The advent of positionless basketball over the past few years has turned big men into an endangered species, with teams nowadays rarely playing two together on the floor with the goal of improved spacing and mobility.
Most teams have shifted towards using a swingman as a power forward, typically with an archetype and skill set that would have been fit for a small forward or even shooting guard as recently as a decade ago.
While many have found success with this approach, the Cleveland Cavaliers and their head coach J.B. Bickerstaff have gone the opposite route. Since taking over in early 2020, he has successfully experimented with lineups featuring three big men.
The first prominent incarnation of which featured Kevin Love, Larry Nance Jr., and Andre Drummond during a fruitful stretch that was only cut short by the pandemic-induced lockdowns of 2020.
Since then, Bickerstaff has continued to deploy these kinds of lineups and now that he has much more to work with, it has produced excellent results. The Cavaliers now start three seven-footers and are currently running sixth in the Eastern Conference with a 24-18 win-loss record.
Jarrett Allen has blossomed into a potential All-Star, averaging 16.9 points on a sublime 69.9% shooting from the field along with 10.9 rebounds and 1.5 blocks per game this season. His ferocious inside game is complemented nicely by the shooting threat that Lauri Markkanen brings to the team.
The biggest reason why it all works, though, is the third member of their starting frontcourt. Evan Mobley, the third overall pick in the most recent NBA Draft, has blown past expectations in his rookie year. He has fit in seamlessly as a nimble seven-footer who already possesses the ability to put the ball on the floor and defend any position at a decent level with his fundamentals-focused approach. Despite his lanky frame, he already has an impressive array of post moves and competes at a high level with the league’s best big men.
Mobley is positionless in every sense of the word, which is what gives them the luxury of playing three seven-footers without giving up much in exchange. He is averaging 14.8 points, 8.1 rebounds, and 1.8 blocks per game and is already looking like the runaway winner for this year’s Rookie of the Year award despite strong campaigns from his fellow freshmen.
On the surface, Bickerstaff’s lineups look like a deviation from the norm, yet the underlying principle that it is built on is the exact same one that birthed the whole small ball revolution in the first place.
When the modern Golden State Warriors won their first title as a group in 2015, they made waves by playing a frontcourt that featured Draymond Green, Harrison Barnes, and Andre Igoudala–all of whom stood between 6’6 and 6’8 and were classified as forwards. The goal was to put their five best players on the court and their discovery that Green could effectively play center paved the way for what was christened the “Death Lineup”.
Cleveland finds itself in a similar situation with regards to balancing personnel, although it instead involves having too many talented power forwards and centers relative to the rest of their available roster. Mobley’s versatility ultimately makes it possible and the shooting of both Markkanen and Love–who has suddenly decided to become one of the best reserves in the league–make it much smoother for them to coexist.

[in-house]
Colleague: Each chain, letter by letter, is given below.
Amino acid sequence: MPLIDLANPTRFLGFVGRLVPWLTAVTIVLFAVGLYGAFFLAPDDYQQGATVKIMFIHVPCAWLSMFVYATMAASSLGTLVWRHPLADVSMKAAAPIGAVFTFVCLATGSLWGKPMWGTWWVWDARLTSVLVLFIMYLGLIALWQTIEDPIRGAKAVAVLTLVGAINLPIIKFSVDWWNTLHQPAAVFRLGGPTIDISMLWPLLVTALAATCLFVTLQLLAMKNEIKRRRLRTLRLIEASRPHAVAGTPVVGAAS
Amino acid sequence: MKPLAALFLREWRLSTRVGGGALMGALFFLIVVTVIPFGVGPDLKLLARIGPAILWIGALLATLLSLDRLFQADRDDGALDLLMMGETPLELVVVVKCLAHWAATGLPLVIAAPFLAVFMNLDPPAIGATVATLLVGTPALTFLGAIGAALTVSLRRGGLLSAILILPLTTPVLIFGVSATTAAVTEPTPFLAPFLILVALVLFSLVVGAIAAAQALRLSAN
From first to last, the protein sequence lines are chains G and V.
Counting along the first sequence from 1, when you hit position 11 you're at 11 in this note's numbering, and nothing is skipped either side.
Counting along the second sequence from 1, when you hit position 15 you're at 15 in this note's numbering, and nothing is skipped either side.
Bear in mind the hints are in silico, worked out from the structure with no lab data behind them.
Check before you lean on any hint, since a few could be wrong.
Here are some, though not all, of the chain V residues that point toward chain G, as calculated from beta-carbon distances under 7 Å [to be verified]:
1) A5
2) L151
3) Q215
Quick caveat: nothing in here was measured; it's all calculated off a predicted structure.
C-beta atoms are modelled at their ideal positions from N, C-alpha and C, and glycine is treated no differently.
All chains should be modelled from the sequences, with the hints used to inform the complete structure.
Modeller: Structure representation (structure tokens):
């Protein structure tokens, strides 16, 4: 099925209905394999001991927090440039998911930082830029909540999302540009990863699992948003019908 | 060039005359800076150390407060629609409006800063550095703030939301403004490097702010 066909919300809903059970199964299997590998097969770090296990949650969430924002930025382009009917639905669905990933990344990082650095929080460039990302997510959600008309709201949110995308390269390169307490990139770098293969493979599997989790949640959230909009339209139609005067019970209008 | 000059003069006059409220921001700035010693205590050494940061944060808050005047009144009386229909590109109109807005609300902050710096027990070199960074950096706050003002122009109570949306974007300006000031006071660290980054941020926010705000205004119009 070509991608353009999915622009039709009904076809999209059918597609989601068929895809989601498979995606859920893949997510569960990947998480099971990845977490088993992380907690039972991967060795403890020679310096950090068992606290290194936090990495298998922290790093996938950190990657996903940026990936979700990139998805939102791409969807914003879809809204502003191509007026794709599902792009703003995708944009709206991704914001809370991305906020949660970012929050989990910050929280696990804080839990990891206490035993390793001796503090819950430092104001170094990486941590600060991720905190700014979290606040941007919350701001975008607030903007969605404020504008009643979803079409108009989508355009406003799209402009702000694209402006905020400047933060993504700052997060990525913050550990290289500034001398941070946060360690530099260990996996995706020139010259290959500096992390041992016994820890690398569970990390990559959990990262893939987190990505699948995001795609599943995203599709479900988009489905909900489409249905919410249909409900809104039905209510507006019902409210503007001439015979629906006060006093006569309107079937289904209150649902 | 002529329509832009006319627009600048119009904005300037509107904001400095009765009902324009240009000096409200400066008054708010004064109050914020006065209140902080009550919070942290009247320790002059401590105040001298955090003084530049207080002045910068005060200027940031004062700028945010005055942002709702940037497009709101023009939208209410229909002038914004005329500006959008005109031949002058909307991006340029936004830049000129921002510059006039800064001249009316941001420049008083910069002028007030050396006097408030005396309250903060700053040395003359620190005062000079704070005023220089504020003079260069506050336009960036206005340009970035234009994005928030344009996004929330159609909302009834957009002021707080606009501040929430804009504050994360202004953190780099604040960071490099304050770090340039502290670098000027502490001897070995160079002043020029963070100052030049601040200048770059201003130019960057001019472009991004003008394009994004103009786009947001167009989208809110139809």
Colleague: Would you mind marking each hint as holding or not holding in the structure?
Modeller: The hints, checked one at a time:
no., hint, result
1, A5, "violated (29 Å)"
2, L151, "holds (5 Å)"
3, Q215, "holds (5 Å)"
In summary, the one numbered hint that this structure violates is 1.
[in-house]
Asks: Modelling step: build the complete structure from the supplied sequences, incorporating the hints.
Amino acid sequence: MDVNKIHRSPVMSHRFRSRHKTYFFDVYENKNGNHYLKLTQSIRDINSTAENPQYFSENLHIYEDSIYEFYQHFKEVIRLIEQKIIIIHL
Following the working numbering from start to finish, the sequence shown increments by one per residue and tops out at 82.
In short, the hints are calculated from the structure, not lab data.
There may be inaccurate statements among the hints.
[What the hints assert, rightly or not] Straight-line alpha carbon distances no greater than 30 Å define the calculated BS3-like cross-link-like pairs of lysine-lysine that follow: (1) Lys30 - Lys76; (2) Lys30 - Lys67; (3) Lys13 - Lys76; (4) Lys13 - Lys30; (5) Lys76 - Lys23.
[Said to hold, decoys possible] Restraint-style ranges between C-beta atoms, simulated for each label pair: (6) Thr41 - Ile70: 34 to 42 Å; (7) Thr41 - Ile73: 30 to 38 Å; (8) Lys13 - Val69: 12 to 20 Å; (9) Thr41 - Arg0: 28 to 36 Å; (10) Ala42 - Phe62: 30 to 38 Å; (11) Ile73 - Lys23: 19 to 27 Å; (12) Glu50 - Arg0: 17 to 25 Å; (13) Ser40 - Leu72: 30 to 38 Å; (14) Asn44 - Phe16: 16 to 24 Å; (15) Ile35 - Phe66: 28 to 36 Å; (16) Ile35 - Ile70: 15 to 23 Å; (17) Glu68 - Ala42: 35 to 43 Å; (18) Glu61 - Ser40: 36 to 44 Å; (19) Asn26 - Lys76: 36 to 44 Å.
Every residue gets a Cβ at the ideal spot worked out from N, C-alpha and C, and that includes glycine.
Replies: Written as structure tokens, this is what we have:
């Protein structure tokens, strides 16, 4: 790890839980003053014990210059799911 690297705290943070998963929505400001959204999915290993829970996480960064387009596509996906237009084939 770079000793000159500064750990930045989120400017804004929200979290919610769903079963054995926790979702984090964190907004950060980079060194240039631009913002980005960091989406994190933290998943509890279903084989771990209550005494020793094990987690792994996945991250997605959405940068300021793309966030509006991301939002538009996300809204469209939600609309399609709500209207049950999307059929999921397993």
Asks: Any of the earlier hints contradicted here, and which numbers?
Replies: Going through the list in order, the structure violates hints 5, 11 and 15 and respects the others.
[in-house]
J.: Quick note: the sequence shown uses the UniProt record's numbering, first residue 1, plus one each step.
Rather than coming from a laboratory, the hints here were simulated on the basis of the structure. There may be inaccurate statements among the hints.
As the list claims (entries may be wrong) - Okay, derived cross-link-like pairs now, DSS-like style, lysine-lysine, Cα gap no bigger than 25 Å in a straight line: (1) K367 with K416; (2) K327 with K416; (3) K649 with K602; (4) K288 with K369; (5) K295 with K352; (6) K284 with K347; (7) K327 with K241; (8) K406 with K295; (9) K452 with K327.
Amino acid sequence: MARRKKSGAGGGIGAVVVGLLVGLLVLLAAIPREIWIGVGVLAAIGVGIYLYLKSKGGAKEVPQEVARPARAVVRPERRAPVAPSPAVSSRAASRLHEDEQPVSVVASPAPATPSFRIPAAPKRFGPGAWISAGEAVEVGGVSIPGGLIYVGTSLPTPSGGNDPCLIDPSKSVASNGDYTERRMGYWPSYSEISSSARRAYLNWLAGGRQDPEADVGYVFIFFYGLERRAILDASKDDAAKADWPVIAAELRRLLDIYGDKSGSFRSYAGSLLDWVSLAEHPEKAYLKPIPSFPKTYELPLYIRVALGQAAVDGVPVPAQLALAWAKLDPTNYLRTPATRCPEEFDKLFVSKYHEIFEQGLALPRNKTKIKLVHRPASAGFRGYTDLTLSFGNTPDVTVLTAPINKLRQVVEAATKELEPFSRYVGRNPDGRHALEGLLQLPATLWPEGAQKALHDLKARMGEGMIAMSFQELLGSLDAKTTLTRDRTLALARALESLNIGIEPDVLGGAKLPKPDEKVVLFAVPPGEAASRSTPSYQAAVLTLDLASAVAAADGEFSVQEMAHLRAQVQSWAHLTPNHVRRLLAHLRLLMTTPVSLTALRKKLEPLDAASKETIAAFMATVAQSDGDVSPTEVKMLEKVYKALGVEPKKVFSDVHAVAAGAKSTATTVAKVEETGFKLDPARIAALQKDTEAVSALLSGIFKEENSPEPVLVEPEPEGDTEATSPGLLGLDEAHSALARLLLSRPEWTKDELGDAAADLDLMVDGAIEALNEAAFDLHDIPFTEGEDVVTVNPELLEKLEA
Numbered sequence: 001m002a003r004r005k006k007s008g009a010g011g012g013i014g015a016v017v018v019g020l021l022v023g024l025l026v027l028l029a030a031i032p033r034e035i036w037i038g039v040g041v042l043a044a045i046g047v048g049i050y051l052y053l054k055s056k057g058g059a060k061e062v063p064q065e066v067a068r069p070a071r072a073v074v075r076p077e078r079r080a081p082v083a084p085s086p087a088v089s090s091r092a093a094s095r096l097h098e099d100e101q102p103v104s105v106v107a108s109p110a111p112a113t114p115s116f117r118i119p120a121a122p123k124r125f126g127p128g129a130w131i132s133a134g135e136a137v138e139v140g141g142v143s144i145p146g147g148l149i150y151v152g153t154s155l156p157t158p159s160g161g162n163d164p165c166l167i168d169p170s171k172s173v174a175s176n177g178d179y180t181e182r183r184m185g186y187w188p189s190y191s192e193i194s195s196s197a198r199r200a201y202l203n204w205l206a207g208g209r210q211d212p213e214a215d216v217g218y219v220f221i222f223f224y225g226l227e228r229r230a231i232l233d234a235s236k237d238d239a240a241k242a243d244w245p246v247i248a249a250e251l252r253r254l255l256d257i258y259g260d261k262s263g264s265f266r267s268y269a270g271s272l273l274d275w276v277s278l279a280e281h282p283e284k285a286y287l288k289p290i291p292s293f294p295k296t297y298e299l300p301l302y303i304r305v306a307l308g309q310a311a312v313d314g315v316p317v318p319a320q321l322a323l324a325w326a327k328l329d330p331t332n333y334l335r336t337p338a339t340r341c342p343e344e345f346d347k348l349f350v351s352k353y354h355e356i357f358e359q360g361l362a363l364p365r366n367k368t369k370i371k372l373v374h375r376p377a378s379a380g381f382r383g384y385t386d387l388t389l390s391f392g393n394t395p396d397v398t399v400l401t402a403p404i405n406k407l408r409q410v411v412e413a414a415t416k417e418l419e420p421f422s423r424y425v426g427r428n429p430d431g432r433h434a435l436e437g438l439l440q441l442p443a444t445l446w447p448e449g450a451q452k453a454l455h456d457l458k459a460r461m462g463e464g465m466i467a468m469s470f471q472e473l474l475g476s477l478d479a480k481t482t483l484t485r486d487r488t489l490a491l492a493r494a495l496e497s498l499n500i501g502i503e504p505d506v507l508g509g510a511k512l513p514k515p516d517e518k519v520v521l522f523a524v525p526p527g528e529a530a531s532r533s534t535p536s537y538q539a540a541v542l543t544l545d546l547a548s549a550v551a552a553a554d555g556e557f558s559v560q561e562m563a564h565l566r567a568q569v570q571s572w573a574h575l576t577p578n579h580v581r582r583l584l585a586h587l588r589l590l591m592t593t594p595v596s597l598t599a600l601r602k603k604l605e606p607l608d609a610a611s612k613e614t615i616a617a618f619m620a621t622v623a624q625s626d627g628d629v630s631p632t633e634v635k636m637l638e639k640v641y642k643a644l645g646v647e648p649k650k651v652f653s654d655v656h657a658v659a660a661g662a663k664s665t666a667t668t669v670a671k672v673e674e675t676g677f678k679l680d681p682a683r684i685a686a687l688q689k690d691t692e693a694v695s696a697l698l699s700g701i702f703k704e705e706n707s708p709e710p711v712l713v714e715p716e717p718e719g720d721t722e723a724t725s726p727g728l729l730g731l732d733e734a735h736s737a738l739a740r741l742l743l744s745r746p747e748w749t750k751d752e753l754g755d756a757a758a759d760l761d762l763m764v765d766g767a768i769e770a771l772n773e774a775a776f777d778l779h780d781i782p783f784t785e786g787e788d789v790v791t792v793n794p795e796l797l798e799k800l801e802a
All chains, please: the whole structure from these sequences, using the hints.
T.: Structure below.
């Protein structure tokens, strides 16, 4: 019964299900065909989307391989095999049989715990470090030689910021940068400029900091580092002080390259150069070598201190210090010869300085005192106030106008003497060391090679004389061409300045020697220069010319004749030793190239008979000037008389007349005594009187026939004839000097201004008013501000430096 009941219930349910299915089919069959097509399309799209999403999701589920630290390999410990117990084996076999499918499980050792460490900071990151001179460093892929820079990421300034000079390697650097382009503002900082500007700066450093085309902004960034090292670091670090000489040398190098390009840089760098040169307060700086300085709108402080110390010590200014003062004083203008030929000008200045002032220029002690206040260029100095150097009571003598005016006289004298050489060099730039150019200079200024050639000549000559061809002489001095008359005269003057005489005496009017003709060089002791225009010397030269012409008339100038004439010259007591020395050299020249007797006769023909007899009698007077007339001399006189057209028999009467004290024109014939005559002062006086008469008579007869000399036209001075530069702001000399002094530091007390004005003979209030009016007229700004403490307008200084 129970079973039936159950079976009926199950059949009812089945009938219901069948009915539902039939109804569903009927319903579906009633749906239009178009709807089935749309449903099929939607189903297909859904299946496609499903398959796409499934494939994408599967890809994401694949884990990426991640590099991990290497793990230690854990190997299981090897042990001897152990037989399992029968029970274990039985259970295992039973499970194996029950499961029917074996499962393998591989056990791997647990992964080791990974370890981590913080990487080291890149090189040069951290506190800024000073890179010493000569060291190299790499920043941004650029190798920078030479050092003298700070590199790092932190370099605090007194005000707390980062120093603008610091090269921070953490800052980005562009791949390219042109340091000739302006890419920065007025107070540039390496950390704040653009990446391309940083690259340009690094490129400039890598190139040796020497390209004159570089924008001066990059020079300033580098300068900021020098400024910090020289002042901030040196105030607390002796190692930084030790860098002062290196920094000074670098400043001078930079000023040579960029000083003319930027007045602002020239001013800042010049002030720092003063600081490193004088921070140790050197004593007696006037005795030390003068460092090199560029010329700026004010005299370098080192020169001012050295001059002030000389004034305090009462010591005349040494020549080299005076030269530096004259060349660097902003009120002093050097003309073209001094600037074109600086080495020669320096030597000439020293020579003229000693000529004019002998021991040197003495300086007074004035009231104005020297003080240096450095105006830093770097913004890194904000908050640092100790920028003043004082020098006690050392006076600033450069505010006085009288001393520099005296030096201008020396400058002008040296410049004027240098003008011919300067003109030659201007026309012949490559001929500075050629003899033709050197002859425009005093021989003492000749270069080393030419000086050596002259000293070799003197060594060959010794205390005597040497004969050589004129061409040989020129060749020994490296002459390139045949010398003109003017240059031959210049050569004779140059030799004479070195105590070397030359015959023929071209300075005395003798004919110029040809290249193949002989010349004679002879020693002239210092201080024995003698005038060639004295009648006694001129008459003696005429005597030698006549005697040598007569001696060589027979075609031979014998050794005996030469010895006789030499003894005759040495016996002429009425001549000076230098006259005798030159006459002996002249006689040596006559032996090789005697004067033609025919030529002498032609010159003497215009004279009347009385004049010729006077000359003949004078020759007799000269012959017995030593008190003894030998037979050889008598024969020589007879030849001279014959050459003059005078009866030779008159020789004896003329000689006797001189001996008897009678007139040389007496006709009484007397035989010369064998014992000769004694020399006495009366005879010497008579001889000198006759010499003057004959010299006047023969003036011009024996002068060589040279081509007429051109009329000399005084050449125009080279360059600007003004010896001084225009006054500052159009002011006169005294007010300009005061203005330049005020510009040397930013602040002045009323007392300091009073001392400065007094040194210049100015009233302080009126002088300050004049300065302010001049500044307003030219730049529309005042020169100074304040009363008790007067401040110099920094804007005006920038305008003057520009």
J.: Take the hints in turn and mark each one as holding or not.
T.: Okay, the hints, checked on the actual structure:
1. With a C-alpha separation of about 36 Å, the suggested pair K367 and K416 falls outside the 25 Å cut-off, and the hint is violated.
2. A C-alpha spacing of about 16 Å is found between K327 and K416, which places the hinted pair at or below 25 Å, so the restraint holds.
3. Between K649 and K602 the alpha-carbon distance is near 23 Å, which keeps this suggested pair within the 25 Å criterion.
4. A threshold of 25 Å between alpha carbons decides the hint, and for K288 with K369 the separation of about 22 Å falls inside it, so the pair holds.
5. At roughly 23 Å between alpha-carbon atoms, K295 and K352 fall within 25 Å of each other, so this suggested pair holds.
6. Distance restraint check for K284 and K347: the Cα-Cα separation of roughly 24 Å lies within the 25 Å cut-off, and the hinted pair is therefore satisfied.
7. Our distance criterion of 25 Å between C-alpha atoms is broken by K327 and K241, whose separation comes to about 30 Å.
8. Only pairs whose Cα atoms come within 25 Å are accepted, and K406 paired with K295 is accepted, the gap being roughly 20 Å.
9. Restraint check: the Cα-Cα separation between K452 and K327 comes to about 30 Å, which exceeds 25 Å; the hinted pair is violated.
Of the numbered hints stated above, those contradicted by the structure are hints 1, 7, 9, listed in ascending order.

With their backcourt decimated by season-ending injuries to starting shooting guard Collin Sexton and reserve point guard Ricky Rubio, the Cavaliers have been left with no choice but to deploy what was supposed to be a situational lineup into their everyday staple.
Their defense has been elite as a result, only allowing 102.2 points per game which is good for second in the league behind just the Warriors. What is even more impressive is that they also have an Eastern Conference-best 5.1-point differential that is reflective of how consistent they have been this year.
On offense, their front court has fed off the brilliance of Darius Garland who has ably responded to the additional workload entailed by the absence of Sexton and Rubio. In their most recent 111-91 win over the Utah Jazz, the third-year guard recorded his first career triple double by the third quarter and finished with 11 points, 10 rebounds, and 15 assists.
Garland is the little engine that makes it all work for them on that end of the floor. His playmaking talent, coupled with the respect that he has begun to command from opposing defenses, eases things for the rest of their team. He removes the burden of shot creation from them and opens the door for prime scoring opportunities, best evidenced by Allen’s astronomical field goal percentage.
While it may seem like it, this current iteration of Cleveland is by no means reinventing the wheel or turning back the clock with their outsized lineups. Rather, they are embracing the concepts of modern basketball by putting their best players on the court at the same time to give them the best chance to win.
The Cavaliers’ recent success has upped the stakes for them and a playoff berth is already expected from this team. An ahead-of-schedule run to the second round, with a miniscule chance of a surprise Eastern Conference Finals appearance, is now within the realm of possibility. It will be interesting to see how things turn out for this young team over the next few months and how their front office will build around this promising core.
There is still much for them to prove, but this Cleveland team has already shown that multiple seven-footers can still coexist in this league for as long as they have the requisite tools to keep up with the modern NBA.